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Low copy number of the salivary amylase gene predisposes to obesity


Common multi-allelic copy number variants (CNVs) appear enriched for phenotypic associations compared to their biallelic counterparts1,2,3,4. Here we investigated the influence of gene dosage effects on adiposity through a CNV association study of gene expression levels in adipose tissue. We identified significant association of a multi-allelic CNV encompassing the salivary amylase gene (AMY1) with body mass index (BMI) and obesity, and we replicated this finding in 6,200 subjects. Increased AMY1 copy number was positively associated with both amylase gene expression (P = 2.31 × 10−14) and serum enzyme levels (P < 2.20 × 10−16), whereas reduced AMY1 copy number was associated with increased BMI (change in BMI per estimated copy = −0.15 (0.02) kg/m2; P = 6.93 × 10−10) and obesity risk (odds ratio (OR) per estimated copy = 1.19, 95% confidence interval (CI) = 1.13–1.26; P = 1.46 × 10−10). The OR value of 1.19 per copy of AMY1 translates into about an eightfold difference in risk of obesity between subjects in the top (copy number > 9) and bottom (copy number < 4) 10% of the copy number distribution. Our study provides a first genetic link between carbohydrate metabolism and BMI and demonstrates the power of integrated genomic approaches beyond genome-wide association studies.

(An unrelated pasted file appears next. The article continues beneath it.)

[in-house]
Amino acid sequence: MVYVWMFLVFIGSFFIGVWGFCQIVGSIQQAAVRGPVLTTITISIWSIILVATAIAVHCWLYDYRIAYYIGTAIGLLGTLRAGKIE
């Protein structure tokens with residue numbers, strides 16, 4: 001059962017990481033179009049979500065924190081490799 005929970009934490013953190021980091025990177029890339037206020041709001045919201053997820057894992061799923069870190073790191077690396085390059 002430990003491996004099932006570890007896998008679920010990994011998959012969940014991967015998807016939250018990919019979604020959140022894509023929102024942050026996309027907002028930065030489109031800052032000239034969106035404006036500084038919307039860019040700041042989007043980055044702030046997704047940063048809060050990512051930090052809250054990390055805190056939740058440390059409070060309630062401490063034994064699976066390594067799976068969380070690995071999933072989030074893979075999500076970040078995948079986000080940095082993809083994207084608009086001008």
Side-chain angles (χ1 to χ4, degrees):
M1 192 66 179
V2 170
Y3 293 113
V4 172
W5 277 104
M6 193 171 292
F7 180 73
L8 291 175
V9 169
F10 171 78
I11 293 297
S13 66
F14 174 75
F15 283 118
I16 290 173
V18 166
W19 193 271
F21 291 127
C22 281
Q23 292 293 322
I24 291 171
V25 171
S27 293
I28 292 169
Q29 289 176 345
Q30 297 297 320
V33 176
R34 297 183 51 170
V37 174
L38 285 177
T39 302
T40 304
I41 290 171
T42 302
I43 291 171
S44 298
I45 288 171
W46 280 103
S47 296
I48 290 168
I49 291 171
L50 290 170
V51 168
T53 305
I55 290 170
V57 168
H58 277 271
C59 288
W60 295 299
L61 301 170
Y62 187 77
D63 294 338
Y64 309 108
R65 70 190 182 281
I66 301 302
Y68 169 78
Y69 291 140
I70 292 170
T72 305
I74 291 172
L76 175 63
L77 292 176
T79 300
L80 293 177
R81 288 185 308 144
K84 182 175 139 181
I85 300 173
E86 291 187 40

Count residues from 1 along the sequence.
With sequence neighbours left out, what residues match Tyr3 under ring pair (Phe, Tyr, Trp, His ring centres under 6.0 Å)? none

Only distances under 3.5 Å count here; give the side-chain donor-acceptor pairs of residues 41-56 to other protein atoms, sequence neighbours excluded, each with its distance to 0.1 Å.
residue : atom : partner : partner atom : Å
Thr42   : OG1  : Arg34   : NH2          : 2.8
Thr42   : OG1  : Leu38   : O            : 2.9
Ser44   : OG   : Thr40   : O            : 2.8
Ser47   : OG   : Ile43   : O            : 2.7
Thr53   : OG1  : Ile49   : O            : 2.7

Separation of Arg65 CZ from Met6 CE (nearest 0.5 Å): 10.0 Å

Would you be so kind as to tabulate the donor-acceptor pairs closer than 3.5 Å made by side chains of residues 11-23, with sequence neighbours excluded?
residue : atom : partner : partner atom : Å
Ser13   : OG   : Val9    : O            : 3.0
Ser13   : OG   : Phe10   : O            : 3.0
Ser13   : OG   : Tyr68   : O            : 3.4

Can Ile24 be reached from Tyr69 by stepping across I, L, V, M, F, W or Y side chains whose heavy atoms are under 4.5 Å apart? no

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Figure 1: Manhattan plot of gene-centric CNV association study (GCAS) results with gene expression levels in subcutaneous adipose tissue using data from the Swedish family study.
Figure 2: The amylase region in detail.
Figure 3: Effect of estimated AMY1 copy number on obesity and BMI.